Prepare to Evaluate Forage Stands for Winter Injury

Rory Lewandowski, OSU Extension Educator, Wayne County and Mark Sulc, OSU Extension Forage Specialist

Rapid freeze/thaw cycles and saturated soil conditions have created the potential for heaving with taprooted legumes like alfalfa and red clover.

Forage stands will begin spring greenup in the next few weeks, especially in southern Ohio. While winter injury in forages is very hard to predict, this winter has presented some very tough conditions for forage stands. This is especially true of legumes like alfalfa and red clover. Producers and crop consultants should be prepared to walk forage stands early this spring to assess their condition in time to make decisions and adjustments for the 2019 growing season.

We had some days with very cold air temperatures, but the soil temperatures have been much more moderate than you might expect. The soil temperature at the 2-inch depth is associated with the temperature of plant crowns. The coldest 2-inch soil temperatures recorded since January 1 at the Ohio State University Agricultural Research Stations occurred in late January to early February, falling to 17.8 F at Northwest, 25.4 at Ashtabula (mid-January), 30.3 F at Western, 32.3 F at Wooster, and 32.6 at Jackson. To put this in perspective, temperatures in the 5 to 15 F range as measured at or just below the soil surface can begin to damage Continue reading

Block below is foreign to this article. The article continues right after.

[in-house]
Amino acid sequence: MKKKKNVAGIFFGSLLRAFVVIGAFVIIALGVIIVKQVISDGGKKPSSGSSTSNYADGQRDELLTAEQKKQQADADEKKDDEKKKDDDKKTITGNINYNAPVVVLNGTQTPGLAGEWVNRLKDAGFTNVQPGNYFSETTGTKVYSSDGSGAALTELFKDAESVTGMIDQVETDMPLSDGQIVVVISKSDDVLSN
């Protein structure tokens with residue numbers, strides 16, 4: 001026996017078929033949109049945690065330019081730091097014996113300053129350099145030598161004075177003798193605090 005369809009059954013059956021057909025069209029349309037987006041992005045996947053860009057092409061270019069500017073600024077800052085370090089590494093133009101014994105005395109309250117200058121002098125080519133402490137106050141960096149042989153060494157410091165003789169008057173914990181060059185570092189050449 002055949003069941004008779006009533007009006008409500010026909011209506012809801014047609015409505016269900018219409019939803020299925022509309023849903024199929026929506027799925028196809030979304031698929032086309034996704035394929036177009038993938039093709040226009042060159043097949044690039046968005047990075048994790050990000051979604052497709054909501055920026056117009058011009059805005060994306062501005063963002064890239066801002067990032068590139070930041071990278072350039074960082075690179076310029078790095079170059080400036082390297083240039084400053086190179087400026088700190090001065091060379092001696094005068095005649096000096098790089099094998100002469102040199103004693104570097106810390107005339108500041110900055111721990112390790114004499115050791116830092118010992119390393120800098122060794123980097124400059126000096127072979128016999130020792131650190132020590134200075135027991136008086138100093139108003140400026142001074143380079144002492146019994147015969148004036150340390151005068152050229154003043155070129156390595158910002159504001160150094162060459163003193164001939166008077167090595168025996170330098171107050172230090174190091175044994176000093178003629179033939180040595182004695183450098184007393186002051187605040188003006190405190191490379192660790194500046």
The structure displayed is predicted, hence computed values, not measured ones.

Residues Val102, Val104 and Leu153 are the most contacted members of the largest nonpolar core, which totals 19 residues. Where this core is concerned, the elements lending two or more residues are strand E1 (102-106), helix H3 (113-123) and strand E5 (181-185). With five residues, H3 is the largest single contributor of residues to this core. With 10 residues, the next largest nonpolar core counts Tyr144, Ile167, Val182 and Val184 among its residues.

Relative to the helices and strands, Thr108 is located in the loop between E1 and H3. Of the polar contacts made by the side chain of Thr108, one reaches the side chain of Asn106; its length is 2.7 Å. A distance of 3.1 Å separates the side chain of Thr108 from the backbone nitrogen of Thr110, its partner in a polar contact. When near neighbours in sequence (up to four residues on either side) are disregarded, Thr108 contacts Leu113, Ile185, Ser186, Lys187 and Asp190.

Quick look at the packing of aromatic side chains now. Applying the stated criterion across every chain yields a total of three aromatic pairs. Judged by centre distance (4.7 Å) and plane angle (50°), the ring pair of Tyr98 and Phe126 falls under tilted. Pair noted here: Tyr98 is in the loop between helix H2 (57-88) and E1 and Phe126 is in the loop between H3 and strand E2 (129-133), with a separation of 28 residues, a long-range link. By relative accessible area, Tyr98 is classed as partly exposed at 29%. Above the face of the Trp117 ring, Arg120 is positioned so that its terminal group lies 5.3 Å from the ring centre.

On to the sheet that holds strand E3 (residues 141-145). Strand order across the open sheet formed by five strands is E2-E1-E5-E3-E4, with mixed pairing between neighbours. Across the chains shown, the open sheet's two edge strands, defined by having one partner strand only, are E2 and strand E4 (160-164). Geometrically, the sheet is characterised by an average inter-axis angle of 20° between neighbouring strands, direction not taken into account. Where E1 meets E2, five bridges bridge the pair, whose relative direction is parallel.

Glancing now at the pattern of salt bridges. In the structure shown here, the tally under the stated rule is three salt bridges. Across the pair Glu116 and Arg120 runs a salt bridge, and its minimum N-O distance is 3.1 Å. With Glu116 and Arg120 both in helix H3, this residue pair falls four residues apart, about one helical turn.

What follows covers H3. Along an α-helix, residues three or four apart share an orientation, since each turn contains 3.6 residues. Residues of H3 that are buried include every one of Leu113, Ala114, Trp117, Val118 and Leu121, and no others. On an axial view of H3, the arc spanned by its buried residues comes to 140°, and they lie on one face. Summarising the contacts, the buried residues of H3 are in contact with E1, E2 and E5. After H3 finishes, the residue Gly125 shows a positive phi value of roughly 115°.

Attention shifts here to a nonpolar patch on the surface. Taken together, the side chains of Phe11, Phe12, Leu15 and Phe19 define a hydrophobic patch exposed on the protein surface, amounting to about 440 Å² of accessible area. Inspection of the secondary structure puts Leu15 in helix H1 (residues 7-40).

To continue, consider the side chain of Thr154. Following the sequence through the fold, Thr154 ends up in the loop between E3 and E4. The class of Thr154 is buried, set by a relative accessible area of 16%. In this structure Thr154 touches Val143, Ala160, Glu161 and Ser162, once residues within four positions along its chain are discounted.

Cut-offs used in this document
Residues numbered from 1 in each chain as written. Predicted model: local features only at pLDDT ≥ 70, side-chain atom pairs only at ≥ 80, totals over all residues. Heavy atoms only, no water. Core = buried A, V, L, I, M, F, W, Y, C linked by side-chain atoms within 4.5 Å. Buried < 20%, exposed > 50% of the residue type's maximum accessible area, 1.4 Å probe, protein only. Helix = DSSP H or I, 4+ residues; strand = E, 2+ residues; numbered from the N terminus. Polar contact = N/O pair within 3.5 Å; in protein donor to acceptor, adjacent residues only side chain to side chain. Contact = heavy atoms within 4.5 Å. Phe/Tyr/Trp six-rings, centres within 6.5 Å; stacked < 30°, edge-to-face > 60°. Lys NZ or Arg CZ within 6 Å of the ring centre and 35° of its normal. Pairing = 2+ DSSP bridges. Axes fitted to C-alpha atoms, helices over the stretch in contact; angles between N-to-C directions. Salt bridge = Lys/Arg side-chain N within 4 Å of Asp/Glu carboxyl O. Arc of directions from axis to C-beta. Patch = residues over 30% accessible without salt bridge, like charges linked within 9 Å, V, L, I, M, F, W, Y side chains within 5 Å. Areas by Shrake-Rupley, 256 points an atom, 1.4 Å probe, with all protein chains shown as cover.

Frost Seeding Tips

– Mark Landefeld, OSU Extension Agriculture Educator, retired, Monroe County

Round bales had been fed here and the area was very rough from unusually wet conditions. Paddock before being lightly disc and drug one morning when the overnight temperature was 24°F.

Last week we discussed how this year many producers have more than normal amounts of pasture that has been moderately to heavily tracked-up by livestock due to the extensive wet soil conditions. Many of these pastures can use a little help in recovering by adding grass and or clover seed to these fields. Spending a few minutes to calibrate your seeder will help you get the desired amount of seed on the pasture. This will be particularly helpful if you have large areas needing seeded.

Calibrating a hand held seeder or broadcast seeder mounted on an ATV is not too hard to do. You will need a scale to weigh the seed, a few plastic bags, a measuring wheel or tape measure and maybe a Continue reading

Mud Damaged Pastures: We Gotta Play the Hand We’re Dealt

Mark Landefeld, OSU Extension Agriculture Educator, Monroe County

Few Ohio cattlemen are without areas like this that must be addressed after soil conditions permit this spring.

Winter always creates challenges for livestock producers. Keeping ice out of water buckets and off our water troughs can be a challenge, especially with sub-zero temperatures like we had a few weeks ago. Of course that did provide solid ground for a few days, something we have not seen much of this fall or winter. Pastures and feeding areas have really taken a “hit” this year causing mud to sprout and grow everywhere it seems. Every livestock owner I have talked to the last few weeks has the same situation, more mud and more tracked-up fields than they can ever recall before.

Mud increases stress for the livestock and the farm manager. The way you manage, or don’t manage, muddy conditions affects your livestock’s performance and may have a big impact on damaging forage plants in your pastures. Multiple research studies have shown that, when Continue reading